-ous, -ious, -eous

(Latin: full of or having the qualities of; in chemistry, a suffix denoting that the element indicated by the name bearing it, has a valence lower than that denoted by the termination -ic; as, nitrous, sulphurous, etc., as contrasted with nitric, sulphuric, etc.)

Only a small number of the hundreds of examples are presented because there are just too many to include at this time.

abdominous (adjective); more abdominous, most abdominous
Regarding an individual who has a big belly: One of the characters in the story Albert was reading was portrayed as being abdominous, or overly corpulent and fat, and hardly fit into his trousers!
abiogenous (adjective) (not comparable)
Pertaining to the coming into existence without springing from previous living beings: There are those who claim that abiogenous creatures were produced spontaneously without any previous living ancestors.
A congenital reduction of the eyelids (partial or complete).
abstemious (adjective); more abstemious, most abstemious
1. Relating to moderateness when eating and drinking; sober, temperate: Ted's family ate abstemious meals in order to cut down on their overweight conditions.

Abstemious people restrict themselves to the bare necessities of life and prefer an austere, simple, or unassuming lifestyle.

2. Etymology: abs-, ab-, "from, away from" + temetum, "intoxicating drink, mead, wine".
Moderate and sparing in the use of food and drink; being temperate.
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acanthaceous (adjective), more acanthaceous, most acanthaceous
Regarding something bearing prickles or spines; having spinous processes: Some plants, as with rosebushes or boysenberry bushes. are considered to be acanthaceous!
acanthocarpous (adjective), more acanthocarpous; most acanthocarpous
Pertaining to fruit that is covered with spines: In her botany book, Anita read about acanthocarpous flora, a member of the family Acanthaceae, having the reproductive structure enveloped with a prickly growth.
acanthocephalous (adjective) (not comparable)
Pertaining to a spiny head: In Chuck's zoology book, he read that acanthocephalous referred to the needle-like structures on the proboscis of the acanthocephalan worm.
acanthocladous (adjective), more acanthociadous, most acanthociadous
A plant having thorny branches: When finding out more information about her rosebushes, Jenny found out that they all had acanthociadous or spiny stems, sprigs, or shoots.
acanthophorous, acanthopherous (adjective) (not comparable)
Regarding something bearing, or having, spines: Barbara wondered if the new plant she potted was going to be acanthophorous and thorny, meaning that she would need to put on her gloves to trim it later on.
acanthopodous (adjective), more acanthopodous, most acanthopodous
In botany, relating to or designating a spiny, prickly peduncle or petiole of a plant: The acanthopodous sunflower in Mary's garden consisted of a somewhat prickly stalk with one huge yellow flower.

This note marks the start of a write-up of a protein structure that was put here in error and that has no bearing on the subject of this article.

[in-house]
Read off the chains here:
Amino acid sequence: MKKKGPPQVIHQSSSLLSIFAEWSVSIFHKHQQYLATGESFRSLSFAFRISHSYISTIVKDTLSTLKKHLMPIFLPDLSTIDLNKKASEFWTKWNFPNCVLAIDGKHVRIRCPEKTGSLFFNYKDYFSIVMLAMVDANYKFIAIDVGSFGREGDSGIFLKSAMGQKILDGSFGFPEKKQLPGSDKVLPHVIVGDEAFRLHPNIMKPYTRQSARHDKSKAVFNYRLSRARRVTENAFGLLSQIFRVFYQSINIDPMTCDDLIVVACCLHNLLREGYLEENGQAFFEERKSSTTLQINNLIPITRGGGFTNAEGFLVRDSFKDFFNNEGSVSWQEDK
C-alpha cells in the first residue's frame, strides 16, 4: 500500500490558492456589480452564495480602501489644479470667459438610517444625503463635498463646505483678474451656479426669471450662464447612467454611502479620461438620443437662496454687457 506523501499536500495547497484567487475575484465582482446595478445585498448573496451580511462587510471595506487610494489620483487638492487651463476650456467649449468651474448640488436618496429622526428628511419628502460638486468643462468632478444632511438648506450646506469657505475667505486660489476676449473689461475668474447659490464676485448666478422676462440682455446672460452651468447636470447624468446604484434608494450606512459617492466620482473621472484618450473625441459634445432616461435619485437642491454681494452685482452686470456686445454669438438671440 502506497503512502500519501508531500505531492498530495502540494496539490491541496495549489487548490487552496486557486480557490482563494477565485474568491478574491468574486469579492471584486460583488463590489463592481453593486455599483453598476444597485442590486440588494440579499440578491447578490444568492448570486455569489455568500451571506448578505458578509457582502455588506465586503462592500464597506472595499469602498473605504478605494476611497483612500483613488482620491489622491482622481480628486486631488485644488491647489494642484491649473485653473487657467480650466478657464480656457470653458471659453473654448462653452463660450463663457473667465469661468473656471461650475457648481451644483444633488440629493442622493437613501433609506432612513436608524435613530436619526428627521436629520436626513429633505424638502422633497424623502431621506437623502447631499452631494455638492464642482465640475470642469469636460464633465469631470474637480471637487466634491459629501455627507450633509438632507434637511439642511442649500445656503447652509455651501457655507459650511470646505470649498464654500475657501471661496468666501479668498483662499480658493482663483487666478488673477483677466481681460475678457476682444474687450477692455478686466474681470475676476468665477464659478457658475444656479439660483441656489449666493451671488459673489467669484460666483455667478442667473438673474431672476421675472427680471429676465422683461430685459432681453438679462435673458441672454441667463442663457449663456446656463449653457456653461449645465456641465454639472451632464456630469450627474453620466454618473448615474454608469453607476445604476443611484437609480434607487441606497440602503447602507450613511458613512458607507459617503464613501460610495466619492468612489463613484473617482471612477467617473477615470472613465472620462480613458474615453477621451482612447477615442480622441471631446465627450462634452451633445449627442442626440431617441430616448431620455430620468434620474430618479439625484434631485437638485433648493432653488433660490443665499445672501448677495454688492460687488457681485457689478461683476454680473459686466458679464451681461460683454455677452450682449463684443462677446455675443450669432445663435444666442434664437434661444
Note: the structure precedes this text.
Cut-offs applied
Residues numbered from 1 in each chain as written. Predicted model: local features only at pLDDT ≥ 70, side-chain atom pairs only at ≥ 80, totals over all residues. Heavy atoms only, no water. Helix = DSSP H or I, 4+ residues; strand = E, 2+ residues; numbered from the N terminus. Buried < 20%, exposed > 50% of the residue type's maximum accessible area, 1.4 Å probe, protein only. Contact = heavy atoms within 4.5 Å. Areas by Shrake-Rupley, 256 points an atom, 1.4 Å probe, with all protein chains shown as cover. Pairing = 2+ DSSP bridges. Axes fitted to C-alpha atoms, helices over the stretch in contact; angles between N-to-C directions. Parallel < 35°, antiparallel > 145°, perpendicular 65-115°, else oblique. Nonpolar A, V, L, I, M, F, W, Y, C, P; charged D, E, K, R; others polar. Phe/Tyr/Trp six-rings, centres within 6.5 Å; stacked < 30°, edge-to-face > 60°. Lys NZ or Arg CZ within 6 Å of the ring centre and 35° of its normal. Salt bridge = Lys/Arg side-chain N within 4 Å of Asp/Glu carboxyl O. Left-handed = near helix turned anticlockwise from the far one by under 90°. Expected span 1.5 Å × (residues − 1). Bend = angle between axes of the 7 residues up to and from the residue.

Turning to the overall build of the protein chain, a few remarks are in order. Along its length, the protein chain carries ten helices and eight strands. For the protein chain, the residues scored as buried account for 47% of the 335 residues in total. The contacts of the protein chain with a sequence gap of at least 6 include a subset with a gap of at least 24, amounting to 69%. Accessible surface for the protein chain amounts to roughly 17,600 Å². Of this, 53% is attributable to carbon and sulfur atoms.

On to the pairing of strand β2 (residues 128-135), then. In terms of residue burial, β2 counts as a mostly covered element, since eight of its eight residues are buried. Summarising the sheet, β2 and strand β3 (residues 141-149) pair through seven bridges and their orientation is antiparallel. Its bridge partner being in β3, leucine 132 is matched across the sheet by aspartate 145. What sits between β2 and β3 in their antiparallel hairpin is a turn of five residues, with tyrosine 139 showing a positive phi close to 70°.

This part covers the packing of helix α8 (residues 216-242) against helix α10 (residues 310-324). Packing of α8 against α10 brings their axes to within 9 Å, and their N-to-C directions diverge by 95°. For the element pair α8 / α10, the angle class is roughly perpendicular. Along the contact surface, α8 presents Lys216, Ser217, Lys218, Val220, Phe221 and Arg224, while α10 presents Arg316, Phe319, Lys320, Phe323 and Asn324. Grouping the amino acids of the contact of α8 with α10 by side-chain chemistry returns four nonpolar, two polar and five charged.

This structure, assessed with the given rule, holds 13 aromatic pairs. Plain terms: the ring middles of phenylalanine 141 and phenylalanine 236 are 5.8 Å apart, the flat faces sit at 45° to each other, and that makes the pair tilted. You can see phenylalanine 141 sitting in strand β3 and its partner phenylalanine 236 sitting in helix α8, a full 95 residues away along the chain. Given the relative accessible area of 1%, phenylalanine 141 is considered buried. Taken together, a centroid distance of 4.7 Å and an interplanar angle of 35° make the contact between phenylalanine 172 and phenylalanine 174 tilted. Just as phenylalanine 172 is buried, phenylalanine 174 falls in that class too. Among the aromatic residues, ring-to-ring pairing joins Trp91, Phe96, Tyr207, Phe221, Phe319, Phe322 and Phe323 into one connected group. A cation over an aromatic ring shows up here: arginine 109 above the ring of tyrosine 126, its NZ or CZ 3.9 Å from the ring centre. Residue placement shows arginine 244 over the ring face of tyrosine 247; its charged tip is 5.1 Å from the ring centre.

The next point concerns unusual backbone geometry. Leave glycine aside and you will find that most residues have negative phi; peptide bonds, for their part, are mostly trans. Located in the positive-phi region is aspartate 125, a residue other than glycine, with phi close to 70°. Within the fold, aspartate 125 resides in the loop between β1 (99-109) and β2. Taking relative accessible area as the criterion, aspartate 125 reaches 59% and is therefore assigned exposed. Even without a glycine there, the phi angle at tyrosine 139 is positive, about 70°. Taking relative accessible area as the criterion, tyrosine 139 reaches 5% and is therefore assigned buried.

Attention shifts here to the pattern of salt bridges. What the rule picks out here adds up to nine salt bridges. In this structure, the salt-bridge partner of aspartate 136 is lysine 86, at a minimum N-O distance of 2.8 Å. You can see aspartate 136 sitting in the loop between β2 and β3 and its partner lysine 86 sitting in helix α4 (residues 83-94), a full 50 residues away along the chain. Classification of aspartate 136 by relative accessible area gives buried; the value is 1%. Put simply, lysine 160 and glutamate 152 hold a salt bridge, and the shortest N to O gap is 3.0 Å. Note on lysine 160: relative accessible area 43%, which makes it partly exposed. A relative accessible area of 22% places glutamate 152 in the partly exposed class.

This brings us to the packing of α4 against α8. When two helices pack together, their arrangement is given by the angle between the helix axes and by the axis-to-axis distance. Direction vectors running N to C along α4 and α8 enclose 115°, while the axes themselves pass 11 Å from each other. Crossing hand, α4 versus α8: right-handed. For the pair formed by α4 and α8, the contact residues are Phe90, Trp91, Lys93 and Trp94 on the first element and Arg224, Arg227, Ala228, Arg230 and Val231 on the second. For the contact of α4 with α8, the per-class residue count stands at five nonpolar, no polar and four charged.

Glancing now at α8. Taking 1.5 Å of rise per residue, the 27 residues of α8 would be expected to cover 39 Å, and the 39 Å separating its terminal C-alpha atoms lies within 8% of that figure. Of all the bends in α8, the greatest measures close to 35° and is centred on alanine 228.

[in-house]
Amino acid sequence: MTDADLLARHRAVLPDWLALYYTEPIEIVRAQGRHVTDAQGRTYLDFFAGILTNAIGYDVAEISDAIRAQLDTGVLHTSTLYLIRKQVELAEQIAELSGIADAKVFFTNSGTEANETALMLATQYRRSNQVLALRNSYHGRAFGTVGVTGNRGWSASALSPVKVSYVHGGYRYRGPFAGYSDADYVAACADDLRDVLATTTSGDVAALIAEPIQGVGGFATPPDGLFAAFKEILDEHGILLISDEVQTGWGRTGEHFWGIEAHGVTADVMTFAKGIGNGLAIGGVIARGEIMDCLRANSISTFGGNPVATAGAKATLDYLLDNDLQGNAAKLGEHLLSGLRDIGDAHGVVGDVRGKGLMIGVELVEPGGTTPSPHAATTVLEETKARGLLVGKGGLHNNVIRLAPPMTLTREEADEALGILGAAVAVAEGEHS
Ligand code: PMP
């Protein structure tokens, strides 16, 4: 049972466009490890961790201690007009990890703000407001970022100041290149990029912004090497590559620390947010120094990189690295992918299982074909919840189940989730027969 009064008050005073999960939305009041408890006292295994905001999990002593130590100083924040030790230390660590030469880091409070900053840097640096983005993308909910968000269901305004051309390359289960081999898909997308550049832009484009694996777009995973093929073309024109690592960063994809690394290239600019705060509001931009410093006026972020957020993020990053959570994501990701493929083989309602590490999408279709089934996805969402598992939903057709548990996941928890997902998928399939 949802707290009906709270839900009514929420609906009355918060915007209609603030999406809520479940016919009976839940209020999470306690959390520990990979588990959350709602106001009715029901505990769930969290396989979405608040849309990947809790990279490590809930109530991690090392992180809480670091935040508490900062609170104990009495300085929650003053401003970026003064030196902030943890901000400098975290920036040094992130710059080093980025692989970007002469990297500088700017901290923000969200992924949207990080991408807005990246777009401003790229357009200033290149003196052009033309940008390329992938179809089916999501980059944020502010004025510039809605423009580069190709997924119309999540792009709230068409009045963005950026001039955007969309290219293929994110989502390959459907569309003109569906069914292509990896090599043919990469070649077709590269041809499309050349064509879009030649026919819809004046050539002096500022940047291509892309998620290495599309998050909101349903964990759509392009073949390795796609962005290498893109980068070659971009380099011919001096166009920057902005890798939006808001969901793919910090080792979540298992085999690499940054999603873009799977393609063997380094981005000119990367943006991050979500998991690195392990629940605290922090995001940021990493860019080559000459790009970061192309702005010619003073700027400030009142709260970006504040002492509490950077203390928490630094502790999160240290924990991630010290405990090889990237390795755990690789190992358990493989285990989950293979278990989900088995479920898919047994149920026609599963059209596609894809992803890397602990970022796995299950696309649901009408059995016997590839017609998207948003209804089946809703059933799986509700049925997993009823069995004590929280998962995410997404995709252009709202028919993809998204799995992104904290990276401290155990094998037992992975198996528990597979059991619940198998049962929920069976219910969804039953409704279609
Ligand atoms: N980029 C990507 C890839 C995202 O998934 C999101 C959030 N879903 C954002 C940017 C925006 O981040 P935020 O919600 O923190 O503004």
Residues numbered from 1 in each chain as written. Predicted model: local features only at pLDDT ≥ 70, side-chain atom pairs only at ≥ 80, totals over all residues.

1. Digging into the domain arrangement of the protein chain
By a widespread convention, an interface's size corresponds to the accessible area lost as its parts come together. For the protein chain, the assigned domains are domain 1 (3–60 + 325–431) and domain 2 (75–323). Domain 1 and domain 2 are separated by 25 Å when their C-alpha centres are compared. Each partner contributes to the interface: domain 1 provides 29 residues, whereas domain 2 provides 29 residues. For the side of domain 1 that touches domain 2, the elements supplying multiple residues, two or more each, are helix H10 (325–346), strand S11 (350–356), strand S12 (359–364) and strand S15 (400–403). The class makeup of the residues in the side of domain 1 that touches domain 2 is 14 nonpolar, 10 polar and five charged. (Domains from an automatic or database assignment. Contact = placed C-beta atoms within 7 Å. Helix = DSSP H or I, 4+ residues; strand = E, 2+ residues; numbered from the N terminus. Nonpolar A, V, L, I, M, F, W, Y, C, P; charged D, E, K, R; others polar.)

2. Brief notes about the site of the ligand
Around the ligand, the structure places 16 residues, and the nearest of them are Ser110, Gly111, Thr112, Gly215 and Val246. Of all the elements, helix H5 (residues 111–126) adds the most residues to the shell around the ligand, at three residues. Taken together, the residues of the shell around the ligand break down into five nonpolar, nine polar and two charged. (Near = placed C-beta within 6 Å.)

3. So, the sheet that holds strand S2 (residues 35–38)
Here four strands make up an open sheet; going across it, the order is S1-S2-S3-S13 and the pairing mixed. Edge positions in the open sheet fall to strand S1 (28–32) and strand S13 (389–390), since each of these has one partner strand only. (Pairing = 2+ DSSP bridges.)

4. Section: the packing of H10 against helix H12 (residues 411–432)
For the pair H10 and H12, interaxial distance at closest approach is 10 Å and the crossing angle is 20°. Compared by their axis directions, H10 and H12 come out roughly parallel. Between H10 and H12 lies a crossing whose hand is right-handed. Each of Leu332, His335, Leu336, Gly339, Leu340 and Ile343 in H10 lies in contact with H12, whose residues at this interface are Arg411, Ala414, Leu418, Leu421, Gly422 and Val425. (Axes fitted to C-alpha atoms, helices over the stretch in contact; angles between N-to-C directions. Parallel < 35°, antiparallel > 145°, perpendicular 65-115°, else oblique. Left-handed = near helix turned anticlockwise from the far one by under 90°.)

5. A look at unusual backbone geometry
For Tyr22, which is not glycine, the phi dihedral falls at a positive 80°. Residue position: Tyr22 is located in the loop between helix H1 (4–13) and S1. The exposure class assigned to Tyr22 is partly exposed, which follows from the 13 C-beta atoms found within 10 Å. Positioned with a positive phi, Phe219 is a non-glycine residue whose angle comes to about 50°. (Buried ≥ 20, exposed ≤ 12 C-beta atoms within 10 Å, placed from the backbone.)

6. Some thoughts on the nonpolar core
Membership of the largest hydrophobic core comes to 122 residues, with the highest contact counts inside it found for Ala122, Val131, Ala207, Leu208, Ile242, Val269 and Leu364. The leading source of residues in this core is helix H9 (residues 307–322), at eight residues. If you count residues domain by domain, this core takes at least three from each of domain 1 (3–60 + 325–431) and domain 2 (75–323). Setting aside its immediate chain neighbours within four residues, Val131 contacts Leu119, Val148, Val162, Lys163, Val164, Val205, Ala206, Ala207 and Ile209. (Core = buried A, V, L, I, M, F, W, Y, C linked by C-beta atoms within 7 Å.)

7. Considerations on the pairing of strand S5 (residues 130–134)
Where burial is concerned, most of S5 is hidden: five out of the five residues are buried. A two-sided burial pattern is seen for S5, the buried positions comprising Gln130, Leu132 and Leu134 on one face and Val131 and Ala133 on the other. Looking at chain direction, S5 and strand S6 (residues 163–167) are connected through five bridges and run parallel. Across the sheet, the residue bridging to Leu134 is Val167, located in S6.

acanthopterous (adjective) (not comparable)
In zoology, regarding a spiny-winged animal: The flightless and small-winged cassowary, a native bird to Australia and New Guinea, is considered to be acanthopterous with stiff, keratinous quill feathers on its wings, which are like porcupine quills. It has a bony crest on its head, and can be quite dangerous.
acanthostegous (adjective), more acanthostegous, most acanthostegous
In invertebrate zoology, overlaid with two series of spines: In the TV documentary Penny watched, some acanthostegous bryozoans were characterized with having ovicell or ooecium needle-like protrusions.
acanthous (adjective), more acanthous, most acanthous
Spinous; pertaining to the form of a thorn: The acanthous or needle-like structure of the wasp or hornet can cause a dangerous sting.
acarocolous (adjective), more acarocolous, most acarocolous

A reference to mites and ticks that infest various areas in nature.

  • There are several acarocolous species that are too small to be seen without the use of some form of magnifying instrument and they abound in almost every habitat where they scavenge on waste materials, prey on other tiny invertebrates, or live as parasites on many larger species of life.
  • Some acarocolous mites are harmless as they exist in skin follicles, feathers, or fur; while others cause diseases or allergies.
  • The acarocolous ticks are blood-suckers and spread disease-causing microbes in animals.
—Source: Smithsonian Natural History, page 262.
acarophilous (adjective) (not comparable)
A reference to that which lives in union with mites: The acarophilous relationships involve the very small insects that thrive in foods, on plants, or on animals, including humans.